Daily Digest

Daily Digest - August 1

Sunday, August 1, 2010, 9:44 AM
  • Paperwork Nightmare: A Struggle To Fix New Law
  • Mauldin: Are We There Yet?
  • Greece: Society Begins to Crack Under Harsh Measures
  • Economy in U.S. Will Probably Keep Cooling as Lack of Jobs Limits Spending
  • Marc Faber Questions if Dow Could Hit 1,000
  • Unemployment Rate in U.S. Probably Rose, Raising Risk of Slower Spending
  • Fossil Fuel Subsidies Dwarf Support for Renewables
  • Papantonio: Taxpayers On the Hook for BP Cleanup Cost?
  • Are Our Oceans Dying?

Economy

Paperwork Nightmare: A Struggle To Fix New Law (jrf29)

Tucked into the new health care law is a requirement that could become a paperwork nightmare for nearly 40 million businesses. They must file tax forms for every vendor that sells them more than $600 in goods....Business groups say it will swamp their members in paperwork, and Congress is listening. Democrats and Republicans want to repeal it, but getting them to work together on the issue is proving difficult in an election year.

Mauldin: Are We There Yet? (JRB)

The economy of the US grew at a weaker than expected 2.4% in the second quarter, but the first quarter was revised back up to 3.7% on the strength of stronger-than-projected inventory rebuilding. But the recession years were revised downward rather significantly for this late in the cycle. We find now that the recession was worse than we thought, taking the economy down a total of 4.1% during the recession. As of today, we are not quite back to where we started, still down 1%. That means it is quite possible that we could finish the year and still not be "there yet."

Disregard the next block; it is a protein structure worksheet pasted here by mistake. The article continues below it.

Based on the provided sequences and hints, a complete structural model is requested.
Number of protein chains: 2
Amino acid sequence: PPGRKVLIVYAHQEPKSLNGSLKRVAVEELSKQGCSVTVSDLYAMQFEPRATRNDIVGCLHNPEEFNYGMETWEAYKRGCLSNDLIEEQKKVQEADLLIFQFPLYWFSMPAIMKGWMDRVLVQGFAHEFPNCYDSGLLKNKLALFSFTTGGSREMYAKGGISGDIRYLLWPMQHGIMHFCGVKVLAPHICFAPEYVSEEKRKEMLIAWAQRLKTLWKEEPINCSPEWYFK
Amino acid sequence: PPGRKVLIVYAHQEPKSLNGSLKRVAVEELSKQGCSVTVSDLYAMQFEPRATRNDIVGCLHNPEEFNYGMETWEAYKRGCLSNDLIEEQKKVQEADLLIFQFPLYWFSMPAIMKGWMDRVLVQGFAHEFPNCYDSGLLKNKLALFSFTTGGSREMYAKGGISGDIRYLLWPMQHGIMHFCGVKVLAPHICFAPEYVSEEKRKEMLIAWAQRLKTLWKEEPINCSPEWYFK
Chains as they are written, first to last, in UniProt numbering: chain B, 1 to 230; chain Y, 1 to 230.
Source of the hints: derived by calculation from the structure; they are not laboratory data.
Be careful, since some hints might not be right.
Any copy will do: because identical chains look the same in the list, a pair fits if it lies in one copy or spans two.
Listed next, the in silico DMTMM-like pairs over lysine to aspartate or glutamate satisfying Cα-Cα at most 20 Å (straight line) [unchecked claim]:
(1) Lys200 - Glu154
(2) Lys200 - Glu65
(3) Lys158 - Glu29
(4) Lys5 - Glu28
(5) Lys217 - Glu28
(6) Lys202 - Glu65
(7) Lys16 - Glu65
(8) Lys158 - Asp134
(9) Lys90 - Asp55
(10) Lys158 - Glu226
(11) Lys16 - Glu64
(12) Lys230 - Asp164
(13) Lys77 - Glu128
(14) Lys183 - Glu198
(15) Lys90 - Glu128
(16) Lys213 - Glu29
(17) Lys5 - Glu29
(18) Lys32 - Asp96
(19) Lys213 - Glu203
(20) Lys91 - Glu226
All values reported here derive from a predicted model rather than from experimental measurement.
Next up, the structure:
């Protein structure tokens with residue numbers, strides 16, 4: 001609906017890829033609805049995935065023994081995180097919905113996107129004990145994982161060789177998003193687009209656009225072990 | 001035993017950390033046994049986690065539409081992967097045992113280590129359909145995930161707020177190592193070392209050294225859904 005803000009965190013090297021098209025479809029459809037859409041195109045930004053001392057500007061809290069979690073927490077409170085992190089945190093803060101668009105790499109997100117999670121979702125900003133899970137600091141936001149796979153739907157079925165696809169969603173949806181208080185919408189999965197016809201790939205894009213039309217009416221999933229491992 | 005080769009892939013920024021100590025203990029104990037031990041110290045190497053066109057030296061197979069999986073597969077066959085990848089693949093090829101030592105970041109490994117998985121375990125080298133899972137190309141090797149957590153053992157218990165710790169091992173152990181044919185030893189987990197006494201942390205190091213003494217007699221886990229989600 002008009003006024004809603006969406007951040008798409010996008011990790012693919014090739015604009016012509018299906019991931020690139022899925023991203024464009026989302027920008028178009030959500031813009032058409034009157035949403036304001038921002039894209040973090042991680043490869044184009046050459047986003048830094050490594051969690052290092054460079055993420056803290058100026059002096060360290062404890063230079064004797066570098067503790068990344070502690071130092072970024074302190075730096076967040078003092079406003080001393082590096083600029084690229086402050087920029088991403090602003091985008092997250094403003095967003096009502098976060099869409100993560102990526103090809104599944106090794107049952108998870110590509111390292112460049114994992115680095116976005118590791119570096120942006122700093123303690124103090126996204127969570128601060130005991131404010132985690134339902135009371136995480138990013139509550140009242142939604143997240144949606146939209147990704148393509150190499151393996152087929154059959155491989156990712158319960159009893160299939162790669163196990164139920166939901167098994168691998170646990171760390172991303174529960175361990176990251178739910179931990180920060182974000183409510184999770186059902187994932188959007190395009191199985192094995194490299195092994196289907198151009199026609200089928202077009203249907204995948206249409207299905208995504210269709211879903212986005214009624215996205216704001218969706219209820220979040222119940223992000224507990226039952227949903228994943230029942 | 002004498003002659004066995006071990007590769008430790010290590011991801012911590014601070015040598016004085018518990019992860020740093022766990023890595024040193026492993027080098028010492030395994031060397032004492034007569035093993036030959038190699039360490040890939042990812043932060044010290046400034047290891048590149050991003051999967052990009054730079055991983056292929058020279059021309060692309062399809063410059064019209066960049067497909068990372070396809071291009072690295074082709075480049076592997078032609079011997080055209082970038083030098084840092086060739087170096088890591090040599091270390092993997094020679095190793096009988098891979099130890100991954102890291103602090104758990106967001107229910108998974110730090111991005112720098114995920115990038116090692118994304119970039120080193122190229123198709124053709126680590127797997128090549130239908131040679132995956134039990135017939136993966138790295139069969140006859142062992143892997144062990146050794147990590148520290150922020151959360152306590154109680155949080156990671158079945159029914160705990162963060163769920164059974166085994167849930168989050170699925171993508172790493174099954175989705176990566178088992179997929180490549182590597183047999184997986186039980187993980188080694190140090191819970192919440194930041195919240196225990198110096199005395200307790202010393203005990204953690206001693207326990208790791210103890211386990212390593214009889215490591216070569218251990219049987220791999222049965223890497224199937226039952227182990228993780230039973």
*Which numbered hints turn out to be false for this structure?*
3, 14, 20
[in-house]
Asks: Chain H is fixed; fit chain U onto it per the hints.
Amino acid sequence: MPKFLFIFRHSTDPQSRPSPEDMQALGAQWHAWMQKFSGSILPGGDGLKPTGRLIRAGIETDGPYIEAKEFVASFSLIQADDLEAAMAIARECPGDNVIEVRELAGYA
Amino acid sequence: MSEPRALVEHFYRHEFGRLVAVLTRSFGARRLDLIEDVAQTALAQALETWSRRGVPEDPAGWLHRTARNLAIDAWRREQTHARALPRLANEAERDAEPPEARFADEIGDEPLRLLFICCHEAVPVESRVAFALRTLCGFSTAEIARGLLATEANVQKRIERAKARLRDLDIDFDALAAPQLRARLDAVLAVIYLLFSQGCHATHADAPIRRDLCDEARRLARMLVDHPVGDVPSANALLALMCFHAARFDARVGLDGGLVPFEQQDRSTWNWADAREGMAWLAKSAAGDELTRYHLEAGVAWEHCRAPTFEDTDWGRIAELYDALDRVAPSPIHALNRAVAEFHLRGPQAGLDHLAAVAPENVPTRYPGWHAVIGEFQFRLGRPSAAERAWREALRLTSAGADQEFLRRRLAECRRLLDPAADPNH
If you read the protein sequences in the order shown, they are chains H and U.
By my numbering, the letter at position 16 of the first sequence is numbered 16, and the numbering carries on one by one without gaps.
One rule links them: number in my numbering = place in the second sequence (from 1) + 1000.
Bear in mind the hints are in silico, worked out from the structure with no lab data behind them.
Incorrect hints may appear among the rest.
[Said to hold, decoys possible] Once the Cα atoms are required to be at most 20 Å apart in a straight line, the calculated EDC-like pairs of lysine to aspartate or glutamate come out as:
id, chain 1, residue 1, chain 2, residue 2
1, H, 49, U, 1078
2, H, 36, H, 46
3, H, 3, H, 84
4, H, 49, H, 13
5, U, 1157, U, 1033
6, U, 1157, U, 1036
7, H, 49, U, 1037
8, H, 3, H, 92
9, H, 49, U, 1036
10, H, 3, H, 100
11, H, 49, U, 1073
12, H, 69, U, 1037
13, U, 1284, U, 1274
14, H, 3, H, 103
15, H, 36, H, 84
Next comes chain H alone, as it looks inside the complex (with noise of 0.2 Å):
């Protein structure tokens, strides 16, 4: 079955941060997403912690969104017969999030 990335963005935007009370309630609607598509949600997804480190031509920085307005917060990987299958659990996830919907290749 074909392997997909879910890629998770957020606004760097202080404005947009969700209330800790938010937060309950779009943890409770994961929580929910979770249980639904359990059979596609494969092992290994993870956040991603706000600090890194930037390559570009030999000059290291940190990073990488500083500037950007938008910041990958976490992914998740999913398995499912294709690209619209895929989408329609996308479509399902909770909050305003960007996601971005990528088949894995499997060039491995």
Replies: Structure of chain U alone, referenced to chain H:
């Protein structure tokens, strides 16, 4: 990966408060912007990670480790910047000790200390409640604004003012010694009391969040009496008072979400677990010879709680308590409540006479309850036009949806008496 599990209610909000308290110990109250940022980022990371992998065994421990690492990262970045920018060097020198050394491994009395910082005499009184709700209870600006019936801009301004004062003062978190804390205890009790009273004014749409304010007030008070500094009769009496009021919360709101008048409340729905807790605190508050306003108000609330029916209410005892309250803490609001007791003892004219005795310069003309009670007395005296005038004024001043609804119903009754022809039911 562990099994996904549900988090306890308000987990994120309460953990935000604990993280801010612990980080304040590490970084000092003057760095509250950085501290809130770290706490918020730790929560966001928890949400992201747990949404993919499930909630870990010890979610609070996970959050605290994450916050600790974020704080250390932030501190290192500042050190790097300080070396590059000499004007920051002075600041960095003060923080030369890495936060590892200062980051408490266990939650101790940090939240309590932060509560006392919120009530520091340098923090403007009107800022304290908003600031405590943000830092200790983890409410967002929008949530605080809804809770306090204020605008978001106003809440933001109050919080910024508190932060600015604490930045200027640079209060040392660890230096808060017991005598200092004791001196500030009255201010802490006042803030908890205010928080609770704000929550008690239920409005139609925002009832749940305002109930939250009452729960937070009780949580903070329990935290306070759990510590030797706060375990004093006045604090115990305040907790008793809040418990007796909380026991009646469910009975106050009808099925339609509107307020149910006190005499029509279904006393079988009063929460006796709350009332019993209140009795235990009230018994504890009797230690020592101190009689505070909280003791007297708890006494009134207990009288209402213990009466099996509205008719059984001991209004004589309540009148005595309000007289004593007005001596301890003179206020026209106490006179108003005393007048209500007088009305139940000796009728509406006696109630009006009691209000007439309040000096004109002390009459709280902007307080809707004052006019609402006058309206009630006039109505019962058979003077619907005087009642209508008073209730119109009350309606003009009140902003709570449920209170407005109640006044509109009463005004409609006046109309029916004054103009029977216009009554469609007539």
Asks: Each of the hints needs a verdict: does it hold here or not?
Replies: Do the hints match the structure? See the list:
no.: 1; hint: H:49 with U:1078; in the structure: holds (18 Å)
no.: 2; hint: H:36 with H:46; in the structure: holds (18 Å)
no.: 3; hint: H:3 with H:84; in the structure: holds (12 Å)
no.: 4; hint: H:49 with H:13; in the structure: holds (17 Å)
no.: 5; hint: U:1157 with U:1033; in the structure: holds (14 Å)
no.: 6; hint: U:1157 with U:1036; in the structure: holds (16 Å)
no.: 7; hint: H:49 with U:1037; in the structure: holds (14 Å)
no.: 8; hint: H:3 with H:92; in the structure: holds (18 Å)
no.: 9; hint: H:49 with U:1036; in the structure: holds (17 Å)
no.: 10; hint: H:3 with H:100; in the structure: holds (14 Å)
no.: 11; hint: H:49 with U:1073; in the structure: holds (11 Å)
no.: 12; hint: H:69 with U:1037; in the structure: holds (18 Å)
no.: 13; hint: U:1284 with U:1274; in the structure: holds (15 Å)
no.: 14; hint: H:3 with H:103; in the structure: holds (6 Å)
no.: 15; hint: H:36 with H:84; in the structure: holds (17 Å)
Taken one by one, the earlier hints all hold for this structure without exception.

Greece: Society Begins to Crack Under Harsh Measures (bandv)

“This is not the worst of days,” Kistikidis says. “Very often, there are no jobs at all. Many of these people haven’t had more than five or six days of work since the beginning of this year, and no more than 100 working days since 2008.”

Economy in U.S. Will Probably Keep Cooling as Lack of Jobs Limits Spending (bandv)

The economy in the U.S. grew at a slower-than-forecast 2.4 percent annual rate from April through June after expanding at a 3.7 percent pace in the previous three months, Commerce Department figures showed yesterday. Household purchases climbed at a 1.6 percent rate following a 1.9 percent first-quarter gain that was smaller than previously estimated.

Marc Faber Questions if Dow Could Hit 1,000 (TomAdkins)

Prechter, who has written 13 books on finance, believes that the stock market is historically overvalued in terms of dividends and earnings, because of a "great rise in positive social mood."

Unemployment Rate in U.S. Probably Rose, Raising Risk of Slower Spending (TR)

The jobless rate rose to 9.6 percent last month from 9.5 percent in June, according to the median estimate of 57 economists surveyed by Bloomberg News ahead of a Labor Department report Aug. 6. A drop in federal census workers as the population count wound down depressed payrolls by 60,000, the data may also show.

Energy

Fossil Fuel Subsidies Dwarf Support for Renewables (guardia)